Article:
Oxilofrine, 4-[1-hydroxy-2-(methylamino)propyl]phenol, is a stimulant which increases the heart rate and the blood pressure and to improve oxygen exchange. In the USA, it has never been approved as a drug or as a dietary supplement due to severe health risks, such as vomiting and cardiac arrest. However, since 2009, several athletes have been tested positive for oxilofrine and claimed this is only due to the consumption of dietary supplements.
Pieter A Cohen, Harvard Medical School, Boston, USA, and colleagues used ultra-high performance liquid chromatography (UHPLC) coupled with quadrupole time-of-flight mass spectrometry (TOF-MS) to identify and quantify oxilofrine in 27 different brands of dietary supplements sold in the USA and labelled to contain methylsynephrine, a synonum of oxilofrine. They found oxilofrine in over 50 % of the tested supplements. Six of the supplements contained an amount of oxilofrine in pharmaceutically active dosages.
This finding is in contradiction to US law, which regulates dietary supplements and does not allow the addition of pharmaceutical drugs. The team reasons that methylsynephrine may have misled consumers as well as regulators, as synephrine alone is a natural ingredient in citrus species and, hence, a legal supplement. The researchers think it might be possible that other brands of supplements on sale in the USA may also contain oxilofrine without listing methylsynephrine on the label.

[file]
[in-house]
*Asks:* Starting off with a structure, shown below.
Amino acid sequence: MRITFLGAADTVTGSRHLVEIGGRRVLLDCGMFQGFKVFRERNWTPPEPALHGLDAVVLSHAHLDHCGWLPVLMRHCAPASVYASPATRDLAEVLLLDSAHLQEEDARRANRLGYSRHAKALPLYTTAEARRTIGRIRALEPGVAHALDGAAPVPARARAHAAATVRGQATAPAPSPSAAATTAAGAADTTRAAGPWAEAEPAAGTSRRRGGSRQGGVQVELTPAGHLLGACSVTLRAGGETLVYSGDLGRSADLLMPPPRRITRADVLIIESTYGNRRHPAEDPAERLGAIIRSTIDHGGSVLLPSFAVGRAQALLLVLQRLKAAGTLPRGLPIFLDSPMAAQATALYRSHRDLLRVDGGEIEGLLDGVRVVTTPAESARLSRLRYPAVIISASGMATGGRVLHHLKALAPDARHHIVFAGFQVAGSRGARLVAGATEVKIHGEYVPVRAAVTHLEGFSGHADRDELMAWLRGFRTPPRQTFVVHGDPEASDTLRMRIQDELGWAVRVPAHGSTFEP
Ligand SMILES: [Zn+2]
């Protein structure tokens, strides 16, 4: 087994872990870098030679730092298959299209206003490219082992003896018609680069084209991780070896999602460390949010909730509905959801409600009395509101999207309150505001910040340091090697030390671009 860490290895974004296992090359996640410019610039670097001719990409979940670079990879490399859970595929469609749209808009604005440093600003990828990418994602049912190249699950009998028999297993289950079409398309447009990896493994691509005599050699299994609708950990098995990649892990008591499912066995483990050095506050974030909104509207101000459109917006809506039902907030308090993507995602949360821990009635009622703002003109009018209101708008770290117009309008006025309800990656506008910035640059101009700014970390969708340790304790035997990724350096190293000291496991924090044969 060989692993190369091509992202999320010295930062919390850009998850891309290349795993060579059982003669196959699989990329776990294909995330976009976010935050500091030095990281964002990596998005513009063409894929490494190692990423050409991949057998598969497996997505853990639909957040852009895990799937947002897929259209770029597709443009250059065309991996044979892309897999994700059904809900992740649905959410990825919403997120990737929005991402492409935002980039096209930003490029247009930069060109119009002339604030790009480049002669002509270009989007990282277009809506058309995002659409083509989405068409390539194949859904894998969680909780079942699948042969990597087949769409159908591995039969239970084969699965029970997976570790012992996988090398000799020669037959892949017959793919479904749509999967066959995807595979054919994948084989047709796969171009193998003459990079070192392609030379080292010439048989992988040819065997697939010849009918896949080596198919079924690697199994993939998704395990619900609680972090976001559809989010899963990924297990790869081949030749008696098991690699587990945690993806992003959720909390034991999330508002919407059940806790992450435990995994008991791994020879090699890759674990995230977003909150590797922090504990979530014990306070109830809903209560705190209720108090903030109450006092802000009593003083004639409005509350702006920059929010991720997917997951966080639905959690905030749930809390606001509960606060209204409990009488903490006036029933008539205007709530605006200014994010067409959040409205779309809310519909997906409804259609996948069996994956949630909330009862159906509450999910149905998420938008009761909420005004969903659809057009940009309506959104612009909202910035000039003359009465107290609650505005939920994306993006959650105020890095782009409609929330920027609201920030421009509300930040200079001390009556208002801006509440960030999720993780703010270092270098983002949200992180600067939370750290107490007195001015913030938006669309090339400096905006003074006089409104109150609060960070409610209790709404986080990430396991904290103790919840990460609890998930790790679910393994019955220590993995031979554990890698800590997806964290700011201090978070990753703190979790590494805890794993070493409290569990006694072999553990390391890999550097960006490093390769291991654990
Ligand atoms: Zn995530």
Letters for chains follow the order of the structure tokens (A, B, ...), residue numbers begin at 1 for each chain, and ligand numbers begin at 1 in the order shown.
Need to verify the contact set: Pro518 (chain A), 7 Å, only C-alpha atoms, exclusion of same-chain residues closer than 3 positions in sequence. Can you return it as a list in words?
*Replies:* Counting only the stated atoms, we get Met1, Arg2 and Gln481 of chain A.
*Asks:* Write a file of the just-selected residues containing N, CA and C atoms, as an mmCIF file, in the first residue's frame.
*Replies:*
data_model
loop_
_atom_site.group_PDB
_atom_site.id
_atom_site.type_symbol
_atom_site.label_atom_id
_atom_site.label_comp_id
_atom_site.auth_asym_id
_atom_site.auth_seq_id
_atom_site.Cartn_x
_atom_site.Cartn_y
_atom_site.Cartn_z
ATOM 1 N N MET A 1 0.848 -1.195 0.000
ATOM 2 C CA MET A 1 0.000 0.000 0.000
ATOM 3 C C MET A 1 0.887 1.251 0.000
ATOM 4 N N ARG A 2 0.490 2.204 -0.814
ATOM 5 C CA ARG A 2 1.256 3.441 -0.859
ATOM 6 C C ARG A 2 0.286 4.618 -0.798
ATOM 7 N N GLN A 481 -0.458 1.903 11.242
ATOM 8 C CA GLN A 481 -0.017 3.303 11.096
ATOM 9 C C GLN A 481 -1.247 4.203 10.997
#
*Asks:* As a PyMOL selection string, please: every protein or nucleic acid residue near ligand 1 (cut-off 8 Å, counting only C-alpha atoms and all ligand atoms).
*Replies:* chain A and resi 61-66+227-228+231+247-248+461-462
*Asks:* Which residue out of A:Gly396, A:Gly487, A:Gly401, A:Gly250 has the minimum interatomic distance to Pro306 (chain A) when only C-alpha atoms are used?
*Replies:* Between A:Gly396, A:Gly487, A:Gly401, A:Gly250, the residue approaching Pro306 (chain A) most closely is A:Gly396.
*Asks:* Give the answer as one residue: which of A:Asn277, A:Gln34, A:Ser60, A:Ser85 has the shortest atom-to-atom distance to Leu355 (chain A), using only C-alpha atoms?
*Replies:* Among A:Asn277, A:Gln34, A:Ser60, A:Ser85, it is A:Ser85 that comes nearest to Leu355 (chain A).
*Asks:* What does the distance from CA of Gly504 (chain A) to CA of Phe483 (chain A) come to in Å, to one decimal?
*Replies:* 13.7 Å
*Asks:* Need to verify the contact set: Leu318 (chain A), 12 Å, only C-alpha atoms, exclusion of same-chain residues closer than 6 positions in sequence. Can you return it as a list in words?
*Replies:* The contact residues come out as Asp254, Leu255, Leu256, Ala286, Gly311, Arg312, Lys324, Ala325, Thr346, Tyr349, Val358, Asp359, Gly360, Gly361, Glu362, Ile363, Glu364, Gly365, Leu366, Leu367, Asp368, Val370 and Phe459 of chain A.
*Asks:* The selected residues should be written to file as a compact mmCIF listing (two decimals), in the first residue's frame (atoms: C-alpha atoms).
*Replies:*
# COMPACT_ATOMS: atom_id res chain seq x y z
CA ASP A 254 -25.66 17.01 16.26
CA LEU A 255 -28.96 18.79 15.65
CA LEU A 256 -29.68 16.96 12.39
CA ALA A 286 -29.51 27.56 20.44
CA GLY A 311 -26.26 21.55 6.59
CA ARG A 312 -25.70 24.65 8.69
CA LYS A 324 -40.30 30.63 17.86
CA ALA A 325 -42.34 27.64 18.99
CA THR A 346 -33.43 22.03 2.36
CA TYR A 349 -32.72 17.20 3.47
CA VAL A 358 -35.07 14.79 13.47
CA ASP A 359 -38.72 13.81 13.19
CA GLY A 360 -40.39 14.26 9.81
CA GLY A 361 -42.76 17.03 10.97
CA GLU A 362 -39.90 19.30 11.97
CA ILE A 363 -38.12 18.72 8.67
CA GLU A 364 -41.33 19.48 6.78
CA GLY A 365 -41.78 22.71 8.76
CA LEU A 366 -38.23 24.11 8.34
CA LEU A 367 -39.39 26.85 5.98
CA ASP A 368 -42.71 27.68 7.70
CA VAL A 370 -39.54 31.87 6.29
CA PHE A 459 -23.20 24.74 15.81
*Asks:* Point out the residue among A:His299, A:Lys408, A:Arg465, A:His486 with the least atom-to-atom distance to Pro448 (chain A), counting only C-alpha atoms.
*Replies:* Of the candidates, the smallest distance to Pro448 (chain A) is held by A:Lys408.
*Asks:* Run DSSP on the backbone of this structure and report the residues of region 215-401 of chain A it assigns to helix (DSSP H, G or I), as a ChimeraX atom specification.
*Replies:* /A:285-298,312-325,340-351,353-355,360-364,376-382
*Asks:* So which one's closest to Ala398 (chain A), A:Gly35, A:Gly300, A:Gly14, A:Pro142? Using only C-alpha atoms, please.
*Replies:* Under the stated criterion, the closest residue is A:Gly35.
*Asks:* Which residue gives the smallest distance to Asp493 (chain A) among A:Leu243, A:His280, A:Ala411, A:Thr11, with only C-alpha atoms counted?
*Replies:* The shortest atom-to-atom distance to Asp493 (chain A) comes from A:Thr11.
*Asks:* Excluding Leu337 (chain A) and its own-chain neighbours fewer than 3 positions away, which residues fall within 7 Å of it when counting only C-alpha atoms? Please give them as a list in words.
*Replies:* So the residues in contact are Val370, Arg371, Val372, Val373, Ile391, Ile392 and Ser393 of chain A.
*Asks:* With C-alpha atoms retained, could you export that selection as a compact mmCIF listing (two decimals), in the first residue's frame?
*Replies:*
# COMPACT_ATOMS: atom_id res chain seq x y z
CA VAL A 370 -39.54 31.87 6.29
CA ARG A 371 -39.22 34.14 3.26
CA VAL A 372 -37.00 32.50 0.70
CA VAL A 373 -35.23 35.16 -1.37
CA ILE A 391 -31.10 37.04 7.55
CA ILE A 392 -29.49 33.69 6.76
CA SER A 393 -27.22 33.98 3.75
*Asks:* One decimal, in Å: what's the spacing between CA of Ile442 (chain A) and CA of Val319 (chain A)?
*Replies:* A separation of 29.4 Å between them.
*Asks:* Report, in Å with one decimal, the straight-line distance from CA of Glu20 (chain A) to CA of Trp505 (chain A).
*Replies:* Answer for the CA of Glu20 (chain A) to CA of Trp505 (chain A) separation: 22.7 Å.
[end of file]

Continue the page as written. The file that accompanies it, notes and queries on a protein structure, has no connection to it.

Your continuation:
- Pharmaceutical doses of the banned stimulant oxilofrine found in dietary supplements sold in the USA,
Pieter A. Cohen, Bharathi Avula, Bastiaan Venhuis, John C. Travis, Yan-Hong Wang, Ikhlas A. Khan,
Drug Test. Anal. 2016.